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Poker Strategy With Jonathan Little: Extracting Full Value

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Jonathan Little If you want to increase your poker skills and learn to crush the games, check out Jonathan Little’s elite training site at PokerCoaching.com/CardPlayer.

I was recently told about a hand from a $240 buy-in live poker tournament that illustrates a key error that many amateur players make on a regular basis.

Early in the tournament with blinds at 100-200 with 15,000 effective stacks, a somewhat tight player limped from first position. The player in second position called, and then our Hero called from middle position with 10Club Suit 9Spade Suit.

While I am fine with this call, folding is usually going to be the best play unless your opponents play particularly poorly after the flop. If the stacks were much deeper, perhaps 150 big blinds instead of 75 big blinds, limping would become acceptable.

When you splash around with marginal hands, you want to have the potential to win a huge pot when you are fortunate enough to flop a premium hand. Especially as stacks get shorter, you should fold these marginal hands, even when it only costs one big blind to see the flop.

The small blind and the big blind both elected to see the flop as well. The flop came JSpade Suit 8Diamond Suit 7Club Suit, giving Hero the nut straight. Great flop!

The blinds checked to the initial limper, who bet 500 into the 1,000 pot. The second position caller folded. Hero decided to just call.

At this point, Hero simply must raise if he wants any chance to win a significant pot. While slow playing the nuts is always an option, when it is somewhat likely that you are against a decently strong hand, raising is almost always the right play.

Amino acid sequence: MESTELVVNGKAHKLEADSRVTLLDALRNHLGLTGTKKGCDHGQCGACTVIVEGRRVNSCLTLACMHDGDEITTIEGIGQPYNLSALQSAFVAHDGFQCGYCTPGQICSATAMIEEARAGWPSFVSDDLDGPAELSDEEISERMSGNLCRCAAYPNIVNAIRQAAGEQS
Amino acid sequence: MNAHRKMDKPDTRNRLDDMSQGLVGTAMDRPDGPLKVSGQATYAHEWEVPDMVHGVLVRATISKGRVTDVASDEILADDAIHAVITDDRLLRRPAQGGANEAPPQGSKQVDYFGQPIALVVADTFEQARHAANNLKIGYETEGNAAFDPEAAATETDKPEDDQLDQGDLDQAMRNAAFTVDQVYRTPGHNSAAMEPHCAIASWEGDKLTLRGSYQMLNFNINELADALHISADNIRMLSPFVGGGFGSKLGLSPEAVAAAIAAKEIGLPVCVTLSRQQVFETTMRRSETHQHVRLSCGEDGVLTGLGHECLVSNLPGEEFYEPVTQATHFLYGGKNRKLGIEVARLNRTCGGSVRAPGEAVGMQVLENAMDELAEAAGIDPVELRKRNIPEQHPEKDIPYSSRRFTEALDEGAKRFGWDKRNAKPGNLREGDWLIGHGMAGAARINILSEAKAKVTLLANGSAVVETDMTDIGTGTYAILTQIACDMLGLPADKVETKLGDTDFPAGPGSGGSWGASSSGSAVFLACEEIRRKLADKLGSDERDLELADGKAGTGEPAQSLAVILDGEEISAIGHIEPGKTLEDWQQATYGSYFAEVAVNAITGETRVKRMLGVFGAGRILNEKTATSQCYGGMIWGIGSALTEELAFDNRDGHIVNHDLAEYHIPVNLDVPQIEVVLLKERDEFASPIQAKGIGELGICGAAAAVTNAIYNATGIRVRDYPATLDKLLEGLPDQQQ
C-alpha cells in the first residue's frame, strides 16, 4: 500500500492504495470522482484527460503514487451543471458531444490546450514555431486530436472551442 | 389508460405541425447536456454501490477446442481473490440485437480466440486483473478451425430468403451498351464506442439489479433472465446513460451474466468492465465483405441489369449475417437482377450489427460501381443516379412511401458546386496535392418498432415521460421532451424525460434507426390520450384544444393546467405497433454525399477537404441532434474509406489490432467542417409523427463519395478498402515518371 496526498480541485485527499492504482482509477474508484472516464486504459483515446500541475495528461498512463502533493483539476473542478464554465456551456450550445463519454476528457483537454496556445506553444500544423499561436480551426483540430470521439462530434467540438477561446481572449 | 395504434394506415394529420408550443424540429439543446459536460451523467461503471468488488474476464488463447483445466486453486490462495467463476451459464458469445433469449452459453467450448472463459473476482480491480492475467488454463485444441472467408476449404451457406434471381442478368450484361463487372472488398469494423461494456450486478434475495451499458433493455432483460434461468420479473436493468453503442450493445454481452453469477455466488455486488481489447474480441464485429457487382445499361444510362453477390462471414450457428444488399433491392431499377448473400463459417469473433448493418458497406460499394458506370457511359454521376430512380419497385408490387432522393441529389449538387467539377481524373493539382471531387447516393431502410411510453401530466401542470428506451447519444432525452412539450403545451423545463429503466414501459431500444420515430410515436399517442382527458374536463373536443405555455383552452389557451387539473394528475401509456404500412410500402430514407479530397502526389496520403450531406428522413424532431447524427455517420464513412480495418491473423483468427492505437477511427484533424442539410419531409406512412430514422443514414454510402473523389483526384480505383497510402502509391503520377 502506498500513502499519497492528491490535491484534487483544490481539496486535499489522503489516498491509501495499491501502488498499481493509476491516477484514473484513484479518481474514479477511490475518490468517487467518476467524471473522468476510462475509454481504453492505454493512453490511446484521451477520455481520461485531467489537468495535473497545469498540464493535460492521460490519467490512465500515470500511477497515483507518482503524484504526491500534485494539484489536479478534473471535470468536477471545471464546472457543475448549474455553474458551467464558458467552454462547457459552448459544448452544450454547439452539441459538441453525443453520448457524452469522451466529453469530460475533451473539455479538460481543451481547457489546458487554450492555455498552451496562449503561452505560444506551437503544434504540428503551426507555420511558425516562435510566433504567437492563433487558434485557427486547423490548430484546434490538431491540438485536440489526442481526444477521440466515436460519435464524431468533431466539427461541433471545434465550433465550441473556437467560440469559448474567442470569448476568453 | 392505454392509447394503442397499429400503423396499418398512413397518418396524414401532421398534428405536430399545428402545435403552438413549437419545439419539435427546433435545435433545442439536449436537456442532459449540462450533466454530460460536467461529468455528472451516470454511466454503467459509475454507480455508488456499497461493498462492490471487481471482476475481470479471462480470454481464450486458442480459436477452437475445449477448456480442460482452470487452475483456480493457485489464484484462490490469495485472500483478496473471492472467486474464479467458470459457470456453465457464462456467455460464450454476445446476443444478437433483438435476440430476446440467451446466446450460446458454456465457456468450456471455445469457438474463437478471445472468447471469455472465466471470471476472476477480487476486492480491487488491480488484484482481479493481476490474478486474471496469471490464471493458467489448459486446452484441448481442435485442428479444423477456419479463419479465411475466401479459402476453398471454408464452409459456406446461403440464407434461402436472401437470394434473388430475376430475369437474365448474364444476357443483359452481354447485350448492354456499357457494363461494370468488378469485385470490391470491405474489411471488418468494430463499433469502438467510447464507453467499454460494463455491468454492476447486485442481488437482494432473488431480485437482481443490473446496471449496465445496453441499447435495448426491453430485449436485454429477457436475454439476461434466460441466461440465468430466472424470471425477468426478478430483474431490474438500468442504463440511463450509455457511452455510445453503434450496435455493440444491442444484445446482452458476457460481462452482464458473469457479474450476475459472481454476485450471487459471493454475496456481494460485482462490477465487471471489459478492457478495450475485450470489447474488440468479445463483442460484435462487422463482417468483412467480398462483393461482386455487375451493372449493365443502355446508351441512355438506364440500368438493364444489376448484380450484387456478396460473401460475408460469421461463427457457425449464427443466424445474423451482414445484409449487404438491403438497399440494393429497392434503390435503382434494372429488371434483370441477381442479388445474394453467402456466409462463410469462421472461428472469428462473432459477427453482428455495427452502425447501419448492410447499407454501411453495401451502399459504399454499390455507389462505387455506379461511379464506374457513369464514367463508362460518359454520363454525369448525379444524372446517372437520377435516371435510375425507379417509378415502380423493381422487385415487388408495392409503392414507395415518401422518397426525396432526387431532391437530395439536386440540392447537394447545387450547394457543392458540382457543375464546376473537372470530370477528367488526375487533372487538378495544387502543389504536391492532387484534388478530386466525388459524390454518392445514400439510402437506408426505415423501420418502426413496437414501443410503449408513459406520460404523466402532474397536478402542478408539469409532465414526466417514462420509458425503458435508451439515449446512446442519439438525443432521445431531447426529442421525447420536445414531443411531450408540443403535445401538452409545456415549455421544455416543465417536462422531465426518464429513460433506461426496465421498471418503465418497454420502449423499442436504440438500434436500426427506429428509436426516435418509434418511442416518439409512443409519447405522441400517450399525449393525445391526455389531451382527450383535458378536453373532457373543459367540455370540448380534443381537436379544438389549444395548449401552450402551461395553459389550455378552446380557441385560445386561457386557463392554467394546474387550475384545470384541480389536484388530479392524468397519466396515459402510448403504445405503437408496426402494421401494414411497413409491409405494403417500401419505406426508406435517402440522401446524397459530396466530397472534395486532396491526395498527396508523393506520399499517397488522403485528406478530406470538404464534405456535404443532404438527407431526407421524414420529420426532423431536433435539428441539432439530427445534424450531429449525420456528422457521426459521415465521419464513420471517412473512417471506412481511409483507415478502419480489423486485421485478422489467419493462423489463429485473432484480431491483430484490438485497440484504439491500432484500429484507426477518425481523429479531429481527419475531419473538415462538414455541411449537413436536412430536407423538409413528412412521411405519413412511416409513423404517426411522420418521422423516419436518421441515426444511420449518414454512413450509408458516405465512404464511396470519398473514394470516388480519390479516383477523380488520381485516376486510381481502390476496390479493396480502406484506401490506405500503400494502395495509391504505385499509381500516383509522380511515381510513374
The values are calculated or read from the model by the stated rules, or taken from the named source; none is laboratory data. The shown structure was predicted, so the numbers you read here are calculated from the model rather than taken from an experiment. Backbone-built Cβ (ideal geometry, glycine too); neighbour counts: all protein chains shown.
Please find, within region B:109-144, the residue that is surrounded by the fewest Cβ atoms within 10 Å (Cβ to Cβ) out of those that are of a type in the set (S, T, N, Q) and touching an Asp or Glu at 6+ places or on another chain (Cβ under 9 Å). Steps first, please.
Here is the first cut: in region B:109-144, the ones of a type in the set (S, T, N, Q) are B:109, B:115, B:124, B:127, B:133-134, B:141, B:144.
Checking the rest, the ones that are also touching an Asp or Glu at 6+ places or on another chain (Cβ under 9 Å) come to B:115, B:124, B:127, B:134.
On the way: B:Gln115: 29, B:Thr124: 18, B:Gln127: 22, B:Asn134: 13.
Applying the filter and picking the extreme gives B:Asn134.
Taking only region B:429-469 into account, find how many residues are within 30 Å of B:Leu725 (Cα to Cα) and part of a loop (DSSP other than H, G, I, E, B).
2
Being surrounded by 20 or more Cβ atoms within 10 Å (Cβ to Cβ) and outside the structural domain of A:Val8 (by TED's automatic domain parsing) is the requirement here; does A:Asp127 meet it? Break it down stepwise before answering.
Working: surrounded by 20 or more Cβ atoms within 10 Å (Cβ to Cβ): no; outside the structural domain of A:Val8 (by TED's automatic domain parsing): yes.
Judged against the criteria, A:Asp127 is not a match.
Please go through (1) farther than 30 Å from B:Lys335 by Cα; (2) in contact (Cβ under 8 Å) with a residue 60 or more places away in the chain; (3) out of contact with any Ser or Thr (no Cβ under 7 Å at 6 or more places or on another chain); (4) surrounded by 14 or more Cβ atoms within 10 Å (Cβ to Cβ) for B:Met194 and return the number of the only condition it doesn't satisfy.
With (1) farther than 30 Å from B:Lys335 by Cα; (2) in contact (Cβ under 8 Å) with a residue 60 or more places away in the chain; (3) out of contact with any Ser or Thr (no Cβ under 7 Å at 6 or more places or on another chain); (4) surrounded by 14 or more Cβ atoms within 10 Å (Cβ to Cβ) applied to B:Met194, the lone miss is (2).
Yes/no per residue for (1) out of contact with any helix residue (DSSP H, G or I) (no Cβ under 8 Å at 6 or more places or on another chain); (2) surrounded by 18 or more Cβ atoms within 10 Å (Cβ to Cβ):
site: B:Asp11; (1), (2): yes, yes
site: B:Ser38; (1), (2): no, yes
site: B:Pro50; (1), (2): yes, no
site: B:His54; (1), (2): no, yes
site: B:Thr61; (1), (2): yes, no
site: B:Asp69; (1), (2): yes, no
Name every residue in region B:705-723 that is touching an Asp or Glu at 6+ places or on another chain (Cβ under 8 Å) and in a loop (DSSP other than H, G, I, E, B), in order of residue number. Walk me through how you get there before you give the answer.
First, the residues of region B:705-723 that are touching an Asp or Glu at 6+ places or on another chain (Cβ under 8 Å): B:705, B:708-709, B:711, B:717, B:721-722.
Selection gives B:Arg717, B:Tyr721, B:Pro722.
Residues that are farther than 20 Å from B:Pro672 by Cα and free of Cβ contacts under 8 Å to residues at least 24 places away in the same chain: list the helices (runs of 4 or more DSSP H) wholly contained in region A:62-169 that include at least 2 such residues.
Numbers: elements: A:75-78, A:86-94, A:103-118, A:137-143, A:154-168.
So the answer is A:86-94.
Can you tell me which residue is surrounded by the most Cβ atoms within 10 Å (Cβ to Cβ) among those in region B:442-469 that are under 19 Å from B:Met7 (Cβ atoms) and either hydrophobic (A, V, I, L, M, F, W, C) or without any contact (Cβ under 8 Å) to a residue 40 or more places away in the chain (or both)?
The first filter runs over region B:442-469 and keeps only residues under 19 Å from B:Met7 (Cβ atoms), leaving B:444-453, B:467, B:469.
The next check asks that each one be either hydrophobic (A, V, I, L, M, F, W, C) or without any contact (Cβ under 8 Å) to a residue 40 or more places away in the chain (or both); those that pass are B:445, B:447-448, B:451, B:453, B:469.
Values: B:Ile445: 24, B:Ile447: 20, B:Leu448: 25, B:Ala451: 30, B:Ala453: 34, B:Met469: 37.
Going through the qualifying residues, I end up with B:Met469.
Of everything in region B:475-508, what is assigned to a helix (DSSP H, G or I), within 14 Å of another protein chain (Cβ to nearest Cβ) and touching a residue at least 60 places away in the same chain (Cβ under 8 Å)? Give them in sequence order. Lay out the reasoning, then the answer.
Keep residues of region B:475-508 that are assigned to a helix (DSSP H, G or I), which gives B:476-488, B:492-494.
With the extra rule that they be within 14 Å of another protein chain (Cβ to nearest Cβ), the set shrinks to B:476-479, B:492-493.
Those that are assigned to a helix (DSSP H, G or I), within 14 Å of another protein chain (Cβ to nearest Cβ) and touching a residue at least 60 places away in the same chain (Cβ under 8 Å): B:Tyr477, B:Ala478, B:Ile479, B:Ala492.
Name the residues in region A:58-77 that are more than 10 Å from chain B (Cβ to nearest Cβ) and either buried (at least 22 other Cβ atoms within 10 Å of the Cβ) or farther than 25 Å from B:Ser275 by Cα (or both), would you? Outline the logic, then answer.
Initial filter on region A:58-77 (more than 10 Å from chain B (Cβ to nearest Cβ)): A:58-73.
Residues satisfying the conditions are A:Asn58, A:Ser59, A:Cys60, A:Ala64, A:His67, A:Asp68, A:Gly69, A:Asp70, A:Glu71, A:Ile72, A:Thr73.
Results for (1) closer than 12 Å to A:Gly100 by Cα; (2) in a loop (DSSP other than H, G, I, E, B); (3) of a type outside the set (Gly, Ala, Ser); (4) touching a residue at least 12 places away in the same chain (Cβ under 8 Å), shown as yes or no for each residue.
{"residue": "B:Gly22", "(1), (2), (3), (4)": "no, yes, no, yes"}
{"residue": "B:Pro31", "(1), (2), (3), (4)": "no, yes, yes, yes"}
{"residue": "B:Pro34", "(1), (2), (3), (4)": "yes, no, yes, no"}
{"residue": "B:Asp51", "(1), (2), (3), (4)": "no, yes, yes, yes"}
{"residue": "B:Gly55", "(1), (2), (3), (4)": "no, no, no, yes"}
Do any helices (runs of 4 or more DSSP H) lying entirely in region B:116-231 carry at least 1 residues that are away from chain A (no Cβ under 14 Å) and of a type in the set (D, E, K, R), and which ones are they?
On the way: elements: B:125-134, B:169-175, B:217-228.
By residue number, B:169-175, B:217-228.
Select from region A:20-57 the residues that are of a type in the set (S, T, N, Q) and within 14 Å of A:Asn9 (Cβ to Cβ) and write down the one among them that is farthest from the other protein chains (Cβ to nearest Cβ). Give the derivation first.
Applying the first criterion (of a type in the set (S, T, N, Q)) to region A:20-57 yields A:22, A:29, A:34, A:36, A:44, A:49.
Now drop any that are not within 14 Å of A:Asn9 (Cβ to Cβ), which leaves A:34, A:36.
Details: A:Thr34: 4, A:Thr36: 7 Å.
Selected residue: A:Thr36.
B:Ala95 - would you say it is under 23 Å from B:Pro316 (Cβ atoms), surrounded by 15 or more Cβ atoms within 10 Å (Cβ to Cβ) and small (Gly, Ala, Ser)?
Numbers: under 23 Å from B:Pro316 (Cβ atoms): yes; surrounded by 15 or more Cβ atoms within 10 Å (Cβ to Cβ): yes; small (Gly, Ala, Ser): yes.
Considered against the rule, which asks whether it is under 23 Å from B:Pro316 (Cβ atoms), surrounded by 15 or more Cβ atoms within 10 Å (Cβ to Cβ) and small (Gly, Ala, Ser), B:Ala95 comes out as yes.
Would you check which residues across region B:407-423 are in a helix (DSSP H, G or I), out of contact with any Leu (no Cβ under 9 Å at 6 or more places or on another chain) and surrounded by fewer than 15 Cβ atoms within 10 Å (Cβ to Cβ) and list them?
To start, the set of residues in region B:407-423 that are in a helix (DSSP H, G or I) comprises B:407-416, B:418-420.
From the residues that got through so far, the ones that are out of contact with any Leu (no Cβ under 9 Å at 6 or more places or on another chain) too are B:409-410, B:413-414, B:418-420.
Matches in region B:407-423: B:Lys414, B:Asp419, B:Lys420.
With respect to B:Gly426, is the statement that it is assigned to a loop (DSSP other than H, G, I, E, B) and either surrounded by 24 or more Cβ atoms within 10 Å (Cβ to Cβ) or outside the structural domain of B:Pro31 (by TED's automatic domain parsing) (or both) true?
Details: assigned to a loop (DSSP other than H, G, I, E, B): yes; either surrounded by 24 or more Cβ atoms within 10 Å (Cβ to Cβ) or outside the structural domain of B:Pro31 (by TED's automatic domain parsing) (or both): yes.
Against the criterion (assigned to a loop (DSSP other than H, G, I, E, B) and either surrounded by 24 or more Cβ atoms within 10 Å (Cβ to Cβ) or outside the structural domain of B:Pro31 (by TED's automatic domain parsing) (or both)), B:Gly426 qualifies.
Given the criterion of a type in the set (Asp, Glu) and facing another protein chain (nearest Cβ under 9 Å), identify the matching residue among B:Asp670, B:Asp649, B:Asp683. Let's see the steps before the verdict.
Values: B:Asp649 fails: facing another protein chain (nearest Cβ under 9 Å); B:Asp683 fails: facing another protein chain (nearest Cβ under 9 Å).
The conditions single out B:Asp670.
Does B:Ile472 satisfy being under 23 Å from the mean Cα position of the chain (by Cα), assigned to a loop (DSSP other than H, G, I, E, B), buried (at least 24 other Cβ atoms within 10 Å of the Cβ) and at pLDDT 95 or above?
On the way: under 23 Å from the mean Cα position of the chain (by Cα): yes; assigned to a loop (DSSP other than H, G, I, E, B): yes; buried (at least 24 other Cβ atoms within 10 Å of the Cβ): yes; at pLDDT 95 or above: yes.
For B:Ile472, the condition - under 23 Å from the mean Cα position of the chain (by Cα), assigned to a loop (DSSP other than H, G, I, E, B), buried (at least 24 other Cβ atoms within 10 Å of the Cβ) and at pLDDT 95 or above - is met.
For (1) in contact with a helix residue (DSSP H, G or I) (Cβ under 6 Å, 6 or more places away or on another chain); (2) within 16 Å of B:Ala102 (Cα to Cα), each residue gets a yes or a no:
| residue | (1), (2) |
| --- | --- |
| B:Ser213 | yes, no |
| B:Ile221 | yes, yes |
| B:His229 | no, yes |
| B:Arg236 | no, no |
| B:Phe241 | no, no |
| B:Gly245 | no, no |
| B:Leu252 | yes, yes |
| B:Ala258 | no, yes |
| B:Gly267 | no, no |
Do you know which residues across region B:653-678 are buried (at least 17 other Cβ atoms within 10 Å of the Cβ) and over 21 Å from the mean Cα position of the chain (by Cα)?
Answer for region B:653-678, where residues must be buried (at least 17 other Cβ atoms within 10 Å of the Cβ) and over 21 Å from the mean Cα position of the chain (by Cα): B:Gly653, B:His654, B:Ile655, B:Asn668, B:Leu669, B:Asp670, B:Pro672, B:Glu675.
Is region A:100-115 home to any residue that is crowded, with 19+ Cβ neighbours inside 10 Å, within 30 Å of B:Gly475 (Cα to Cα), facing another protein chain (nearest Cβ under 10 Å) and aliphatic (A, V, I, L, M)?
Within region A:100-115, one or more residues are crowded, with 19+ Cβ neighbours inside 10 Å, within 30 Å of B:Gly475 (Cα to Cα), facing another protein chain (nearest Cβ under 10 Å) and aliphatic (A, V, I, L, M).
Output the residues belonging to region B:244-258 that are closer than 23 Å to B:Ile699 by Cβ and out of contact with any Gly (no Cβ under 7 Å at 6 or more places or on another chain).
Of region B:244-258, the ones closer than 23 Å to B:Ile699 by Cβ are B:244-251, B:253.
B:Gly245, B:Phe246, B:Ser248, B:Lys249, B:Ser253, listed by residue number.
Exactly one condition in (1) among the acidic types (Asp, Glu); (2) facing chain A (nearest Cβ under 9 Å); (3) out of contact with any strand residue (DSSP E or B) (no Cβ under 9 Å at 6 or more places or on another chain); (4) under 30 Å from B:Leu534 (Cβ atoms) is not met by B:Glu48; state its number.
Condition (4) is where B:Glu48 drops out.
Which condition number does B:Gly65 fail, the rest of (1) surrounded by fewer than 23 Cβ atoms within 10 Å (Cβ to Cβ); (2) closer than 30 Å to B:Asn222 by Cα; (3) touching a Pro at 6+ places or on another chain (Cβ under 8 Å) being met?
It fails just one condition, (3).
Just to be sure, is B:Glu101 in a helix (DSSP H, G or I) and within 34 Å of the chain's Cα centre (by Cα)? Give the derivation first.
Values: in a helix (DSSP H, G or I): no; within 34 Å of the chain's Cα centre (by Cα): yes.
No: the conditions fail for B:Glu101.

Notice here that the flop bettor could easily have a set, overpair, two pair, or top pair, meaning there are numerous strong hands available that Hero can extract value from.

The blinds folded. The turn was the 4Diamond Suit. The opponent checked and Hero bet 500 into the 2,000 pot.

Similar to the flop, if Hero wants to win a big pot, he needs to start building the pot. Betting 500 into 2,000 is not going to get the job done. Hero should make a sizable bet of about 1,500 or even 2,000 into the 2,000 pot, allowing him to make a sizable river bet.

Hero probably thought his opponent’s turn check indicated weakness and a hand incapable of calling a bigger bet, but it is important to realize that your reads will often be incorrect. Betting tiny to try to get called by absolute garbage on a somewhat coordinated board is futile. Instead, bet large and try to get maximum value.

The opponent called. The river was the 2Heart Suit. The opponent checked and Hero bet 2,500 into the 3,000 pot.

I am fine with this bet size, but once the opponent check-calls a tiny turn bet, his range is usually quite marginal, meaning Hero should consider betting a bit smaller, perhaps 1,500 into the 3,000 pot.

The opponent thought for a while before folding A-J (top pair, top kicker) face-up.
While the opponent’s fold is much too tight, it is important to realize that if Hero raised the flop, he would have almost certainly won a gigantic pot, perhaps getting a full double up. As played, he won almost nothing.

If the opponent happened to make an overly tight fold with top pair on the flop, Hero could adjust by bluffing with a wide range of marginal draws, allowing him to win all the pots where this opponent fails to flop the effective nuts. In general, though, when you flop a premium hand, you want to get money in the pot, and you don’t get money in the pot by playing passively or betting small. ♠

Jonathan Little is a two-time WPT champion with more than $7 million in live tournament earnings, best-selling author of 15 educational poker books, and 2019 GPI Poker Personality of the Year. If you want to increase your poker skills and learn to crush the games, check out his training site at PokerCoaching.com/cardplayer.